Welcome to Ask TUAW, your favorite weekly question-and-answer column. Now, we can never have too many questions, so please, go to the comments of this post and ask away. To get fabulous answers, we need your fabulous questions. You can also email your questions directly to ask [at] tuaw.com, or ping us on Twitter.
Now, off to the questions! Muhammad asks:
Is there any way to set up a mode in my iPhone that's exactly like airplane mode but still allow phone calls to be received? When I sleep, I want everything like texts, email, push notifications, etc. to be off, but I still need to be available in case of an emergency.
Muhammad, unfortunately there's no magic switch to do what you need. However, if you go into the Settings app, then select Sounds, you can manually turn off notifications that you don't wish to hear. In your case, before you get tucked into bed, turn off Text Tone, New Voicemail and New Mail. When you awake in the morning, turn them all back on.
Jeff asks about the future of the Mac mini:
This machine has so much potential but is so underpowered. I have been waiting for 4 years to buy a new Mac. I don't want a big box or a big screen or a laptop. The mini is the only choice. Yet without an Intel i# processor or a 7200 RPM HD, the machine is obsolete in the box. What gives with Apple ignoring this machine?
It's true that it's been almost a year since the latest edition of the Mac mini was released, according to the buyer's guide on Mac Rumors. However, Apple hasn't waited a particularly long time to update it this go 'round. Apple isn't ignoring anything; it's just that the accelerated media cycle makes the educated buyer too eager for the next new thing, and unable to appreciate what we've currently got. Six months into the current iPhone cycle and buyers are saying "well I'm going to wait for the next one."
For many things, the mini isn't obsolete at all. If you want to use it as a set-top box to watch Hulu or Netflix, or run a home media server, it is perfect. It's also great as a small business server. It's true, though, that the mini isn't the most powerful Mac on the block.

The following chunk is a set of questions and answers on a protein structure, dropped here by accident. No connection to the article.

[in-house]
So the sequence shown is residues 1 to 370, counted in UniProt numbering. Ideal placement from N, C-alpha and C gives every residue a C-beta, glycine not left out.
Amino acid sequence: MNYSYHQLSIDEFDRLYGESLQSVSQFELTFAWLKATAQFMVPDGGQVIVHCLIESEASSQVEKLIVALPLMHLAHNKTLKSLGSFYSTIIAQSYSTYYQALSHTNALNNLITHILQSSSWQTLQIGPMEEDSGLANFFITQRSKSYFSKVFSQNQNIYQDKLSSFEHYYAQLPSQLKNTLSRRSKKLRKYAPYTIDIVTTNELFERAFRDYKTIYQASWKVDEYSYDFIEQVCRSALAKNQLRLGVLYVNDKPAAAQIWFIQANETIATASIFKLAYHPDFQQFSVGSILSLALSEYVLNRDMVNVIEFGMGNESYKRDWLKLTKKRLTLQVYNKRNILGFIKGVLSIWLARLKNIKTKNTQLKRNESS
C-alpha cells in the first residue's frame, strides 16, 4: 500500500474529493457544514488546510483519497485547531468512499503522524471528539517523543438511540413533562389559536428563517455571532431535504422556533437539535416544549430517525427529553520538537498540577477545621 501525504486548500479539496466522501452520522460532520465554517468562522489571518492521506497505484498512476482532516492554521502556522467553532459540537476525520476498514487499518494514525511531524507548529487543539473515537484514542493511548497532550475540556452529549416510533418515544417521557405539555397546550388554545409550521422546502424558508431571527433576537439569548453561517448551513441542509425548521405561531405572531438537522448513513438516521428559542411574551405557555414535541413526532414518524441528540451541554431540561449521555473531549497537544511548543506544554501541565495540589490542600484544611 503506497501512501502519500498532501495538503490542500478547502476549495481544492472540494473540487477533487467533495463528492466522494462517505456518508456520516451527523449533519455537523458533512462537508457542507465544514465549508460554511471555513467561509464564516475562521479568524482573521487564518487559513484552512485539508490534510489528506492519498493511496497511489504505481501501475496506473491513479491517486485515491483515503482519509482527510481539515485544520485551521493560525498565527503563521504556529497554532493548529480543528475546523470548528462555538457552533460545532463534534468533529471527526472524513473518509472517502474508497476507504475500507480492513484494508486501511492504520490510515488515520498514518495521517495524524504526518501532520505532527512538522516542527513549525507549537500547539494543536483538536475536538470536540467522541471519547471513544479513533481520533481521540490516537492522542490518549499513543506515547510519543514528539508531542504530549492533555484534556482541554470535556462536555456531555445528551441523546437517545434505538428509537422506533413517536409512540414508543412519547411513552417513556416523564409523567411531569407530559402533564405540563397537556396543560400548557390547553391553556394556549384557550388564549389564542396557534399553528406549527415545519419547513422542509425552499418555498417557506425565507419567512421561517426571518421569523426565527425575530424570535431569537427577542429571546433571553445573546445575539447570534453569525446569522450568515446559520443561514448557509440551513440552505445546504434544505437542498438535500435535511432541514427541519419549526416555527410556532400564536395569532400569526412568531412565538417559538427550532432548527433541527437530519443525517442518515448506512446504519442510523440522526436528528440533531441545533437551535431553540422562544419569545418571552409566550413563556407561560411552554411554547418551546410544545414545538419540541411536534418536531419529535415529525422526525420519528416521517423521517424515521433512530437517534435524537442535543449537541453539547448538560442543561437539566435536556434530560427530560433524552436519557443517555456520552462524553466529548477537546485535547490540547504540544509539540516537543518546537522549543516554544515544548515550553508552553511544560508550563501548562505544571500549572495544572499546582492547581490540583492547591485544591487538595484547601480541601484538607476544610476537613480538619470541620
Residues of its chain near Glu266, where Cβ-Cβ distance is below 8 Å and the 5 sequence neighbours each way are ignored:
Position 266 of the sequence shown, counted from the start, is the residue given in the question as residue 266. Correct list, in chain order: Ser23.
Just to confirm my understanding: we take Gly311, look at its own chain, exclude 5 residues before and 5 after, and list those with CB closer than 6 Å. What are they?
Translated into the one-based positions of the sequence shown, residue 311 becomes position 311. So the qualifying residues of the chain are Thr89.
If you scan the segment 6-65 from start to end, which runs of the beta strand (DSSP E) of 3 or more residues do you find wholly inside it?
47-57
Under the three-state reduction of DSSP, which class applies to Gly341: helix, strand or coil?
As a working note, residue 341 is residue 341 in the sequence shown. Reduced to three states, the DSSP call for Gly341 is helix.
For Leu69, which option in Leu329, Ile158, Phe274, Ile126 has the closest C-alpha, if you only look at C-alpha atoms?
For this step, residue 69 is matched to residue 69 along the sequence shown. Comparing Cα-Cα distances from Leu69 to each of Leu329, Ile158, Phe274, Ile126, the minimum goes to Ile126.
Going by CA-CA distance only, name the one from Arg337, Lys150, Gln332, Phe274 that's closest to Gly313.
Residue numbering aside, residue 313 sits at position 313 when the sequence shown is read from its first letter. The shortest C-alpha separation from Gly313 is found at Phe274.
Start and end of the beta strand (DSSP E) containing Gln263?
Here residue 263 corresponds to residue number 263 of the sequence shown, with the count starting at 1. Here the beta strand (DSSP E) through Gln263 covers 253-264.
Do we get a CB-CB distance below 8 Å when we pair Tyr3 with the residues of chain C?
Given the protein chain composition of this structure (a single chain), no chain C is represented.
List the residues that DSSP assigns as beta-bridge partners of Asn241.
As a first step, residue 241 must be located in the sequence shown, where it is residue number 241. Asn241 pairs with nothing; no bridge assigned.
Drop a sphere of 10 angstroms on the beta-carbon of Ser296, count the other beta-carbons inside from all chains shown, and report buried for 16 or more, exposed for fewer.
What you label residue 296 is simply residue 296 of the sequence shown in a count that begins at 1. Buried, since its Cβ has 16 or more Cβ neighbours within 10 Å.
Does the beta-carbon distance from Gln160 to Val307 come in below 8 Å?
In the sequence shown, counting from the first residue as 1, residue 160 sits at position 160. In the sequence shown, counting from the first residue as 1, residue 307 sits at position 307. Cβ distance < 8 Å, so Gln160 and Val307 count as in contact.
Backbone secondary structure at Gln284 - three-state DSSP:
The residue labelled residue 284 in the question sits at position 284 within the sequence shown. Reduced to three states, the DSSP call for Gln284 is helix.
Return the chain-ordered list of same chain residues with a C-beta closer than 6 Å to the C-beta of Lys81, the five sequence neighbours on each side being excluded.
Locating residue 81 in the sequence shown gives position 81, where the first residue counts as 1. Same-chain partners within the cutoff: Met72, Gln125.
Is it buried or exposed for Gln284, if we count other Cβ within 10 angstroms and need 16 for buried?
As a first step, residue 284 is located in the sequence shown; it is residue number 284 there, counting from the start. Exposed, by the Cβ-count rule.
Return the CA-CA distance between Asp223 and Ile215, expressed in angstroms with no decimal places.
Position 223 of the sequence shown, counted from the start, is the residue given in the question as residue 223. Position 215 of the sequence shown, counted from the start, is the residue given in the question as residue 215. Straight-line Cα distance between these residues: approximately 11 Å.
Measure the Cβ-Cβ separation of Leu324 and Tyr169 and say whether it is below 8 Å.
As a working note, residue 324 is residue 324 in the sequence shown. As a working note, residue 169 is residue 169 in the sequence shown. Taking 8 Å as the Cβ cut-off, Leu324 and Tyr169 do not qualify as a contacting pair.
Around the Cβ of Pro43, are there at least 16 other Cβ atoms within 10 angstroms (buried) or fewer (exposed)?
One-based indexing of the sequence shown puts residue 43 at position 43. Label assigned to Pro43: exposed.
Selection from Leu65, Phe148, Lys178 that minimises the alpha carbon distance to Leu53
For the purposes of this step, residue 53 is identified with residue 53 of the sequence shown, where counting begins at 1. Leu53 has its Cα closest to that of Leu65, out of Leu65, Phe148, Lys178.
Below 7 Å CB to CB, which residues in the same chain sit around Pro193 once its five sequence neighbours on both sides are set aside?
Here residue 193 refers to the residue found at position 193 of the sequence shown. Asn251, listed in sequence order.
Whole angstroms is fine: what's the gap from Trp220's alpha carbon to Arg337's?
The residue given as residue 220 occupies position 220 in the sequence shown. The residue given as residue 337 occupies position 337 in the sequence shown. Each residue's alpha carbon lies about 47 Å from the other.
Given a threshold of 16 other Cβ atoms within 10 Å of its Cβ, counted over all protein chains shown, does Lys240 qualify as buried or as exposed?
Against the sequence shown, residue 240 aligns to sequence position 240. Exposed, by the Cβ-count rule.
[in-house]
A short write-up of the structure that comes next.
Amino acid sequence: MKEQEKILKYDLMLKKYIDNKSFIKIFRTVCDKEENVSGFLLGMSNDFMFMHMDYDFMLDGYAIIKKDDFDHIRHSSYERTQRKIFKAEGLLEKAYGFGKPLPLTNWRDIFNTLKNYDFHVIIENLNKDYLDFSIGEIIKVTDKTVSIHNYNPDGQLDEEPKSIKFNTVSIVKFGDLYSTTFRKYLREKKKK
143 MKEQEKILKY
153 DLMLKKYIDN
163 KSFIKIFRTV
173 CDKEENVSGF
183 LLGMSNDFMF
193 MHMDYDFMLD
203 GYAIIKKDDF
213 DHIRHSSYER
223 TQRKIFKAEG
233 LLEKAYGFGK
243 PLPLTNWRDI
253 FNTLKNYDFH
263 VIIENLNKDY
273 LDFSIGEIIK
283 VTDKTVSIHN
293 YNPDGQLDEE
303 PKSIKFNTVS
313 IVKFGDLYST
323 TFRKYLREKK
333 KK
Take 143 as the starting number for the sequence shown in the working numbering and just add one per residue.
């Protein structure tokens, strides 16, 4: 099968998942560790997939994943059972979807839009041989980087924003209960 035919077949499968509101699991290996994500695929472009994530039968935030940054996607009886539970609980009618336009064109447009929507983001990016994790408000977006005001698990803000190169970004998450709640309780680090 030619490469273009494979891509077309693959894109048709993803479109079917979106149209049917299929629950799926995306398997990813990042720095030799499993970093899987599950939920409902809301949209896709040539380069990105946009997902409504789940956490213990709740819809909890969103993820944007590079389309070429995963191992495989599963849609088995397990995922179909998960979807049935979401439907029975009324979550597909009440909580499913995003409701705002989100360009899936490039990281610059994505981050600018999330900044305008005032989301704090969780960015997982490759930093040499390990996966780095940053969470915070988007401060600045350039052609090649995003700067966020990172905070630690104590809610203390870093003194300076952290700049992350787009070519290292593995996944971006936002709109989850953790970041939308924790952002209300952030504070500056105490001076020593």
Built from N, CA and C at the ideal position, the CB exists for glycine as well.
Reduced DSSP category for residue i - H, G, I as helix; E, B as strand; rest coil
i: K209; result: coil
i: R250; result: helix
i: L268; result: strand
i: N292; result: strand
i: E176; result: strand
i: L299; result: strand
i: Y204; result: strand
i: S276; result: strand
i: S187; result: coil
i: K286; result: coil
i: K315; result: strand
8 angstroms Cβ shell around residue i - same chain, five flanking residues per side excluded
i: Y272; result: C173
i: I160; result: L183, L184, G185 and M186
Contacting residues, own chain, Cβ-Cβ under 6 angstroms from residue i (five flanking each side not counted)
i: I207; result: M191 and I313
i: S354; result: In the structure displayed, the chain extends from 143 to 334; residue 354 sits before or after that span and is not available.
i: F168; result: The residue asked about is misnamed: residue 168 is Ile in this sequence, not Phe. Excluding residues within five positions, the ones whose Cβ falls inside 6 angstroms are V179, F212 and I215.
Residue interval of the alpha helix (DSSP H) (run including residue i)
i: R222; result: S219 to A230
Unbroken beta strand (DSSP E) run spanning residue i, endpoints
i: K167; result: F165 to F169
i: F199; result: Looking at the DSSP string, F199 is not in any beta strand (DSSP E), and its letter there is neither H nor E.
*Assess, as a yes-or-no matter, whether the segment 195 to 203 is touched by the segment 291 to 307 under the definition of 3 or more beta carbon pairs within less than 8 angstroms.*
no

When will the next machine come out? No one knows, but the iMac, Mac Pro and Mac mini are all due for upgrades in the next few months. I'd suggest you just wait for the new Mac mini, whenever that is!
Do you know when Apple will release a physical keyboard for the iPad 2?
If you mean something like an attached slider or hinged keyboard? Never. Ever.
If you mean a separate keyboard like the accessory keyboard Apple offered for the original iPad, that's also probably never. Word is that accessory sold very poorly, which us why Apple hasn't offered one tailored to the iPad 2.
That having been said, you can use just about any Bluetooth keyboard with the iPad 2, including the tiny ones Apple makes. If you're really hankering for a keyboard with actual keys, that's the route I'd go. There's also the Zagg keyboard + iPad Case, which was just released for the iPad 2 and is available for around $100.
Question about iPad apps vs iPhone 4 (retina) apps: If the iPhone 4's resolution is 960x640 and the iPad's is 1024x768, why do retina-enabled iPhone apps look horrible on the iPad? Meaning, rather than doubling the original iPhone's resolution, just use the retina graphics for apps on the iPad. Clearly, the iPad is not using the retina-sized graphics.
I assume this is Apple (maybe developers) being greedy -- trying to get you to pay extra for the HD version that only has 64x128 more resolution. I can think of no technical reason for this. What's worse is there are several apps I have that have no specific iPad counterpart, but do have retina graphics, and are just horrible looking on the iPad when you double their size (because who wants to use a quarter of their iPad's screen?).
Put simply, the technical reason is this: just because the resolution is there, doesn't mean an app is written to be shown on a 9" screen. Developers are designing buttons and text to be a certain size in reality, not a certain resolution. If you have text or a button that is 250px high on an iPhone, that is going to look very different and not operate the same on an iPad, where those 250px are considerably larger.
It's not a matter of being greedy. Nearly every app from the iPhone is going to look terrible when doubled on the iPad. It would be worse if the apps didn't maintain the proper proportions when launched on the larger screen.
As for those apps that have no specific iPad counterpart -- if they don't exist and you believe there is a use for them, release them yourself -- or simply request that the developer come out with an iPad version. That might work, too.
Finally, a quick one from Frank:
I'd love to know if there was any way to keep my iPad from going to sleep! It's annoying when I'm using it as a reference for a recipe while cooking, and I have to keep tapping the screen to keep it awake.
Ah! No problem. Tap Settings and then select General. Tap "auto-lock" -- this controls how quickly the iPad puts itself to sleep when it's not actively being used. Just remember that you'll have to manually turn the iPad off if you turn auto-lock off entirely. Set it to whatever you prefer and go!
Thanks for the questions everyone, and remember: it's very difficult to have a Q&A column without Qs. So, put your questions in the comments of this post, or shoot us an email at ask [at] tuaw.com. Also, if you have anything to add to our answers, we love feedback and fresh ideas.
Seriously, we want questions! Now, have a great week!